The BJC 2012 – Southend-on-Sea, 11th- 15th April



The British Juggling Convention celebrated its 25th birthday by the seaside. Southend’s leisure and tennis centre played host to several hundred jugglers, unicyclists, spinners and object manipulators all camped on their sports fields.


The centre boasted a very large hall that was used as the 24hour juggling space. The hall was (oddly) partitioned in the centre allowing one side to be used for German Wheels, unicyclists and various other toys with wheels while the other side still had plenty of room for all the other props.


There was also a dedicated workshop space and a dance studio to play in. The weather was also kind enough to us to allow a bit of outdoor play, depending on how wind-proof your prop was!


All the usual workshops were abound; juggling, spinning, handstands etc and the Torwood Wheelers ran German Wheel sessions most mornings to help satisfy the massive demand. Other unusual workshops included lock picking, origami, juggling while beatboxing, levi-stick, photography and the ukulele.


The usual array of shows was also present for the BJC’s 25th anniversary. The Open Stage started us off on the Thursday featuring Joff’s monkey poi act and Rob’s umbrella dragon staff number to name but two of the acts. The Old Skool followed with some of the… ahem… more mature veterans of the BJC showing us they’ve still got what it takes!


Friday evening had two shows scheduled: the Gandinis' “The Event” and a showcase of students from Circus Space and Circomedia. The circus schools’ show was an impressive display of skill in a whole range of props, though, surprisingly, no aerial acts. I got the impression the projects the students were working on had to feature some furniture given the number of tables and chairs in the acts. Matt Green’s glitchy (musically) club juggling act (with added coffee table) was my personal favourite.


The Gandini Juggling Project’s “The Event” was a sight to behold; tight as you like with plenty of smiles – it looked like they were having fun on stage. Despite the number of performers on stage, the vast amount of props used and the 45 minute length of the show there were only a handful of unchoreographed drops. Utterly amazing, the hours and hours these guys must put in beggars belief! The Gandini’s work has a certain hypnotic quality to it; with so much going on it’s impossible to focus on one thing and you end up gazing at it as a whole, constantly shifting pattern. If only they’d snuck in an anti-smoking subliminal message!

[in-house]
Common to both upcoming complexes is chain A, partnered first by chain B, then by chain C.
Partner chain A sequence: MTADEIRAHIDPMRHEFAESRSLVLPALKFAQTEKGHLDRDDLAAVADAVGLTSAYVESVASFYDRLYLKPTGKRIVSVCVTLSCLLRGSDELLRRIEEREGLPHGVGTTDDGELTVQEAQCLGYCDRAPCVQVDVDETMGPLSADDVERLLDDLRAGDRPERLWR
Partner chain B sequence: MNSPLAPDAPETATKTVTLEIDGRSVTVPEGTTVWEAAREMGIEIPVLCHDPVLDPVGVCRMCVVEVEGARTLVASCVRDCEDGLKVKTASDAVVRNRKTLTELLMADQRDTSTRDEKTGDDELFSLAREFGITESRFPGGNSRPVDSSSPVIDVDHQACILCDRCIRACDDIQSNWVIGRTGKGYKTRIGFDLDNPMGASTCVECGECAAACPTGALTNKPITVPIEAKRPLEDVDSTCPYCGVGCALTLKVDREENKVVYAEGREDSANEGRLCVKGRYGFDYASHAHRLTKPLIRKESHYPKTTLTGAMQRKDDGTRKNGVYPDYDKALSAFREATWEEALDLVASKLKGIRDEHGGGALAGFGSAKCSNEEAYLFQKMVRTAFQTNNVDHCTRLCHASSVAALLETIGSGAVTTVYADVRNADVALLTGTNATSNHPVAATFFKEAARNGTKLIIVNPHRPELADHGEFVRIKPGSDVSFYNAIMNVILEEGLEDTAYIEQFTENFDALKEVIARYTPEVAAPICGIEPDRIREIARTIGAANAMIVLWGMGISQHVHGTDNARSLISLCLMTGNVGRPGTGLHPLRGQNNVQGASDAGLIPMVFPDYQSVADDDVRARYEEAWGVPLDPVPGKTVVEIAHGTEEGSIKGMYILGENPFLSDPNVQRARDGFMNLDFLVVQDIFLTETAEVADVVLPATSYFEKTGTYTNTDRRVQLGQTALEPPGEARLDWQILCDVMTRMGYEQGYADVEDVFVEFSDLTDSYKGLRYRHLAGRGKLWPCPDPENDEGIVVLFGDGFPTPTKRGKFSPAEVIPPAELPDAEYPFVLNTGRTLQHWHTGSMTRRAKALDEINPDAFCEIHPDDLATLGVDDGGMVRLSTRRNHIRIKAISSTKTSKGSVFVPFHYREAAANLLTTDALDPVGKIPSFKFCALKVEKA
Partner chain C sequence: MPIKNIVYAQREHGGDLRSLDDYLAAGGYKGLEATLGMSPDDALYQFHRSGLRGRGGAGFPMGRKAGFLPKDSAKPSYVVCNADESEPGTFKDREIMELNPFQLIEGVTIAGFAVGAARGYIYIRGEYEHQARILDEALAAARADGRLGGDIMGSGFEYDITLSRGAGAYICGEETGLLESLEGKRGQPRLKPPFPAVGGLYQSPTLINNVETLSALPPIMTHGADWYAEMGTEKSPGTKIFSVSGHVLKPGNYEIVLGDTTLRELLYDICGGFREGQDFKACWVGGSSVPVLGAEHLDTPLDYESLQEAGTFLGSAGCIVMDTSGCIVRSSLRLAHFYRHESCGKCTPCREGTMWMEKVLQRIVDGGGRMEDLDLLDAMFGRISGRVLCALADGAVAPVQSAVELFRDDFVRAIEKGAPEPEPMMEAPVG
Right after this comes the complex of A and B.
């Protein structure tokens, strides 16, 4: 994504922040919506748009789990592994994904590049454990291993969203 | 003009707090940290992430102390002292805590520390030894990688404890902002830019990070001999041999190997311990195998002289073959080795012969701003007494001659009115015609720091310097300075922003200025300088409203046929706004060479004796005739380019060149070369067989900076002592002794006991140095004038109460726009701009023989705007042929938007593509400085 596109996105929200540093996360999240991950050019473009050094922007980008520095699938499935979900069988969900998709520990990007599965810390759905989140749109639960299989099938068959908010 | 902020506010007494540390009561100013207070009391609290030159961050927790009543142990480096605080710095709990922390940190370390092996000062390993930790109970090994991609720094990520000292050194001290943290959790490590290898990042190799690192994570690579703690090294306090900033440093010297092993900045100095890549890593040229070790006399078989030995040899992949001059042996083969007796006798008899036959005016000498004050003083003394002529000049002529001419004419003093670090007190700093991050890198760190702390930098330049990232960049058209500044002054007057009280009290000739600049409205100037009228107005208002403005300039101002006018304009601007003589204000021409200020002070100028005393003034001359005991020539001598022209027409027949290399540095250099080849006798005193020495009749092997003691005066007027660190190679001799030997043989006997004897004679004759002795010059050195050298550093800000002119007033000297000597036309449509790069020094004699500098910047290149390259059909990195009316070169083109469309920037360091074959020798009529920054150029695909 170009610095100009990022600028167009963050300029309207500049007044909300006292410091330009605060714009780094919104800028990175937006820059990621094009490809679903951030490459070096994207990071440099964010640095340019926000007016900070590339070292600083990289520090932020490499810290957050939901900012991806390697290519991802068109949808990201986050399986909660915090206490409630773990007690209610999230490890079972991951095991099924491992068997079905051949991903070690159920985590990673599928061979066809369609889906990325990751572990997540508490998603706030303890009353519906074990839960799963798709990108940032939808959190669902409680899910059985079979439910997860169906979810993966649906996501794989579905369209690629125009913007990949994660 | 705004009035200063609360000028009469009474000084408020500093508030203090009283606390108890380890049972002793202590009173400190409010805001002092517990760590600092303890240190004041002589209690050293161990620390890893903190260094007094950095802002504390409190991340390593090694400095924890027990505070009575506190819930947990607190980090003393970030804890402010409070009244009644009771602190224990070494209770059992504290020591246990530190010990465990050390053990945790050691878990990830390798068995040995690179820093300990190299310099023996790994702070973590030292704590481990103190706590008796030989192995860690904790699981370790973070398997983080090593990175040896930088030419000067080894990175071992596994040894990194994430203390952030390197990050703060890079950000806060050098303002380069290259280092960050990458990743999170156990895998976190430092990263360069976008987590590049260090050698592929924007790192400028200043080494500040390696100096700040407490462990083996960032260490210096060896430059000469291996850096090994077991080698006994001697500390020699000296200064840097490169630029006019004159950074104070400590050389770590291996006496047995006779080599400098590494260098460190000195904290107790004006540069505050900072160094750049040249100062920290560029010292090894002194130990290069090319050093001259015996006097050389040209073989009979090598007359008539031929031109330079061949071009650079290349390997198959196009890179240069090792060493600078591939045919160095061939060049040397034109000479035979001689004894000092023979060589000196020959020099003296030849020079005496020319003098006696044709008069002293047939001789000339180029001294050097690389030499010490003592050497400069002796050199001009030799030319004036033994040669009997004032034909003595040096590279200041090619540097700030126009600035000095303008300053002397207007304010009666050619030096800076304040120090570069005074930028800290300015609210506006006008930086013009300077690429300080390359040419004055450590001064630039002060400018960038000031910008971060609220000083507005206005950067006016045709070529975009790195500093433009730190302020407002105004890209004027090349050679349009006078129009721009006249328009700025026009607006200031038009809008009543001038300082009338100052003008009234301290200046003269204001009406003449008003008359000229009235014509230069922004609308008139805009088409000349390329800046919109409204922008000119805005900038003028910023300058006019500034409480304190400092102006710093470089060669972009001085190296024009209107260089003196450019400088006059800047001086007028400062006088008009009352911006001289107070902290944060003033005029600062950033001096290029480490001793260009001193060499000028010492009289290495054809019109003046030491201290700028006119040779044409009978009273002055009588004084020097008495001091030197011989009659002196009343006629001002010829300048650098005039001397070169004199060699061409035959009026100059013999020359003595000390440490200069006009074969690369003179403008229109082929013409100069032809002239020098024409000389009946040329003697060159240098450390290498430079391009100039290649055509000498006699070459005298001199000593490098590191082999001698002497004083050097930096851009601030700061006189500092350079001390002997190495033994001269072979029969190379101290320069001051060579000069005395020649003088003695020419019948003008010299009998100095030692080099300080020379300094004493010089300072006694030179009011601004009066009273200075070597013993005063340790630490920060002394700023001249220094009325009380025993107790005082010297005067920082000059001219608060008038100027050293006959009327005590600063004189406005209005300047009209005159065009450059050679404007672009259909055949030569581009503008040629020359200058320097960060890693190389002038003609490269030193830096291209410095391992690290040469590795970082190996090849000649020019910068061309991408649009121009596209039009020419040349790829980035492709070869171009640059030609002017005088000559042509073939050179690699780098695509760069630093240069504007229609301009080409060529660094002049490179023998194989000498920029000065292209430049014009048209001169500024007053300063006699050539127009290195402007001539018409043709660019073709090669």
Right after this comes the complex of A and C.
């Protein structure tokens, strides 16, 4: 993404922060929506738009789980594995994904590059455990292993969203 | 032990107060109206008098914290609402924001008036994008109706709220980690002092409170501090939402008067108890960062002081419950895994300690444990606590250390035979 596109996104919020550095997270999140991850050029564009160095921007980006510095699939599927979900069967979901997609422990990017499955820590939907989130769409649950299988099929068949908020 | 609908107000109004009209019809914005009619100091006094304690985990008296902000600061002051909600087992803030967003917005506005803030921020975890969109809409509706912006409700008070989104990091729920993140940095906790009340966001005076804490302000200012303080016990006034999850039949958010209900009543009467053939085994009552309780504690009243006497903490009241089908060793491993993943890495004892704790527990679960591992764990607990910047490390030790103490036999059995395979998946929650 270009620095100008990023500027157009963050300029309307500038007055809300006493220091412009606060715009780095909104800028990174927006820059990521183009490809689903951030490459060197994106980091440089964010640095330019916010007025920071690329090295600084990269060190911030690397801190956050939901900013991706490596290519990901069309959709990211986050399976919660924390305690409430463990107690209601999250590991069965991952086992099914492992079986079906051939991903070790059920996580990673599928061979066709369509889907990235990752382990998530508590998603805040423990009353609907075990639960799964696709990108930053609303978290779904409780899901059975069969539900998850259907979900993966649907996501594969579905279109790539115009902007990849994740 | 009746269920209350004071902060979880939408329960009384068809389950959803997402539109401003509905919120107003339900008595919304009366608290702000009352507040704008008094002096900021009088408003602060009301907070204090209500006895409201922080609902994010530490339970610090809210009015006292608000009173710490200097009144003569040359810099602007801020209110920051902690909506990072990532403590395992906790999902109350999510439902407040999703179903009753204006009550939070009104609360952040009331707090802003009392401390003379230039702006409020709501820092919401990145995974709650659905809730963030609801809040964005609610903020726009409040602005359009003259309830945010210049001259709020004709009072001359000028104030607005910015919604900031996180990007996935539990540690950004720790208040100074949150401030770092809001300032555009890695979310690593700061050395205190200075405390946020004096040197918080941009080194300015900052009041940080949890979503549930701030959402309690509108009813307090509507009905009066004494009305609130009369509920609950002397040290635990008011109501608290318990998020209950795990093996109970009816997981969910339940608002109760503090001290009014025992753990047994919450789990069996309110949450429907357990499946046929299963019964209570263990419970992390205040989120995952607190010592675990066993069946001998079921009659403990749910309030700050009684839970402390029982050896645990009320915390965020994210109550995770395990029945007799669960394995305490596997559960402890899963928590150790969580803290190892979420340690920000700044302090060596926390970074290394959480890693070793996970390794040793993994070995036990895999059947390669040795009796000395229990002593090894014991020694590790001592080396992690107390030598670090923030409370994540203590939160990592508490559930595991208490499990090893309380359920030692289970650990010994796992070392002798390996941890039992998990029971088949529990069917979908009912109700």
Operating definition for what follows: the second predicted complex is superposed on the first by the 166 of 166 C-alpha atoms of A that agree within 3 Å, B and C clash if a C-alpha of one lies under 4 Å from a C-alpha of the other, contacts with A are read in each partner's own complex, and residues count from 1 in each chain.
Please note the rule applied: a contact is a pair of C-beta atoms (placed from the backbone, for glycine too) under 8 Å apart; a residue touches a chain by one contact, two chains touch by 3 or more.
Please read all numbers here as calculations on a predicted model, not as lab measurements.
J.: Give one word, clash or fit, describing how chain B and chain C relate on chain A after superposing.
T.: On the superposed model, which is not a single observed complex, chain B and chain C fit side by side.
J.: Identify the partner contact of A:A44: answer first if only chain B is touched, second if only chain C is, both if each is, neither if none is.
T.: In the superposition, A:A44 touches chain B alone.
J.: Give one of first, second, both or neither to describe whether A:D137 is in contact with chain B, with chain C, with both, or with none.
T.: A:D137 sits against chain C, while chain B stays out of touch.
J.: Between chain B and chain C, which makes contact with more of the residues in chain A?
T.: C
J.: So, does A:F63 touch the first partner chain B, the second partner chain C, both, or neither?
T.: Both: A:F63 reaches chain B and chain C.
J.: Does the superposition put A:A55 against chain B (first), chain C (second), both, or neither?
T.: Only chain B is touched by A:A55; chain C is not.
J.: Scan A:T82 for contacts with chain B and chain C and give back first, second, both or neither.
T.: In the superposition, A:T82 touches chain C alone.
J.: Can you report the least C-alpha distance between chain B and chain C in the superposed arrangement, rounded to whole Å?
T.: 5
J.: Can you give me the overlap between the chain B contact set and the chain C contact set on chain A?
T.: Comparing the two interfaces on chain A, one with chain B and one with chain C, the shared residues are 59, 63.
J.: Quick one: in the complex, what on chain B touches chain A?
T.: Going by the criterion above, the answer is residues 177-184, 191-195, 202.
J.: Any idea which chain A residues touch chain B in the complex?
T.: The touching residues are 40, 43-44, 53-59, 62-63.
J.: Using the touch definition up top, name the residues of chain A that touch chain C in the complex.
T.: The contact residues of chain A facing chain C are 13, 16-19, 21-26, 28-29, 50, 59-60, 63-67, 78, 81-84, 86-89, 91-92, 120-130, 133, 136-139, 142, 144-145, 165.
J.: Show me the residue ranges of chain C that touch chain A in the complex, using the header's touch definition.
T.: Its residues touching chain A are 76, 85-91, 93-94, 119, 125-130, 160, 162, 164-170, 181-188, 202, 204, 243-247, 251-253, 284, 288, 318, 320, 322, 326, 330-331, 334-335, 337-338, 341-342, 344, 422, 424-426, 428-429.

Friday also saw the BJC celebrate its birthday it style with a black and silver tie themed party in the bar tent. Cover band Scooby didn’t know what had hit them! And neither did we! A party like that hasn’t been seen in recent BJC history, if ever. There was much dancing, moshing and even some crowd surfing. I don’t think the band expected jugglers to be such a rowdy bunch! The crowd would hardly let them leave!


The parade returned on the Saturday after a few year hiatus with a procession of jugglers marching (well, ambling) along Southend seafront to the delight of the tourists and locals out for a breath of sea air. The parade finished up at the location for the games which involved all the usual silliness mixed with the more prestigious events like five ball endurance. The BJC games also hosted seven club endurance for the first time in its history. An impressive number people participated (about 6) but it was more like “who can flash seven clubs” than an endurance competition!


Like any juggling convention, the main show is the climax of the event. Cliff’s Pavilion was our venue and legend of the British juggling scene, Donald Grant, was out compere. The acts included:


Phil Os’ rock ‘n’ roll diabolo routine

Ian Marchant with a comedy street routine

Matthias Romir – “Pinball Paranoia” hats and balls act

Gunnar Erik’s handstand performance

The Gandinis’ glow club routine

Tony Pezzo manipulating and juggling rings

Rod Laver juggling ping pong balls with his mouth

Matthias Romir with clubs this time

Tigris – hula hoop

Françoise Rochais headlining with a ring and baton act


Every act was fantastic but my personal favourites include Matthias Romir and his melancholic clown character that was maintained even through the final bow. I particularly enjoyed his second act where he manipulated clubs after blowing up a balloon inside his hood which then became his face after periodically drawing features on it with a marker pen. This meant he did the majority of this act blind. Funny, impressive and slightly dark stuff.


The Gandinis were, of course, excellent. Their precise style was complimented by the programming of their glow clubs so they changed colour at exactly the right moments. Tony Pezzo was one for the lovers of technical juggling. His ring manipulation/juggling routine featured no costume or character but the skills on display more than made up for that. His act wouldn’t be everyone’s cup of tea but I’d much rather see hardcore skills with no costume than great outfits but only basic tricks. Thumbs up from me!


Rod Laver was also extremely good, as you'd expect from the head of juggling at both UK circus schools. His ping pong act combined comedy and skill superbly and included a rendition of Beethoven's 9th played on gin bottles from ping pong balls fired from his mouth!


And then it was Sunday and we had to pack and say goodbye to our circus family. But not before one more show from the Gandinis though! These guys and gals must be the hardest working people in juggling business!


What a fantastic few days! Well done to all the people involved in organising it. My only criticism is that it wasn’t longer – with so much going on it felt like we were going home only a few hours after arriving! Here’s to more week-long BJCs!


See you in York next year for the BJC 2013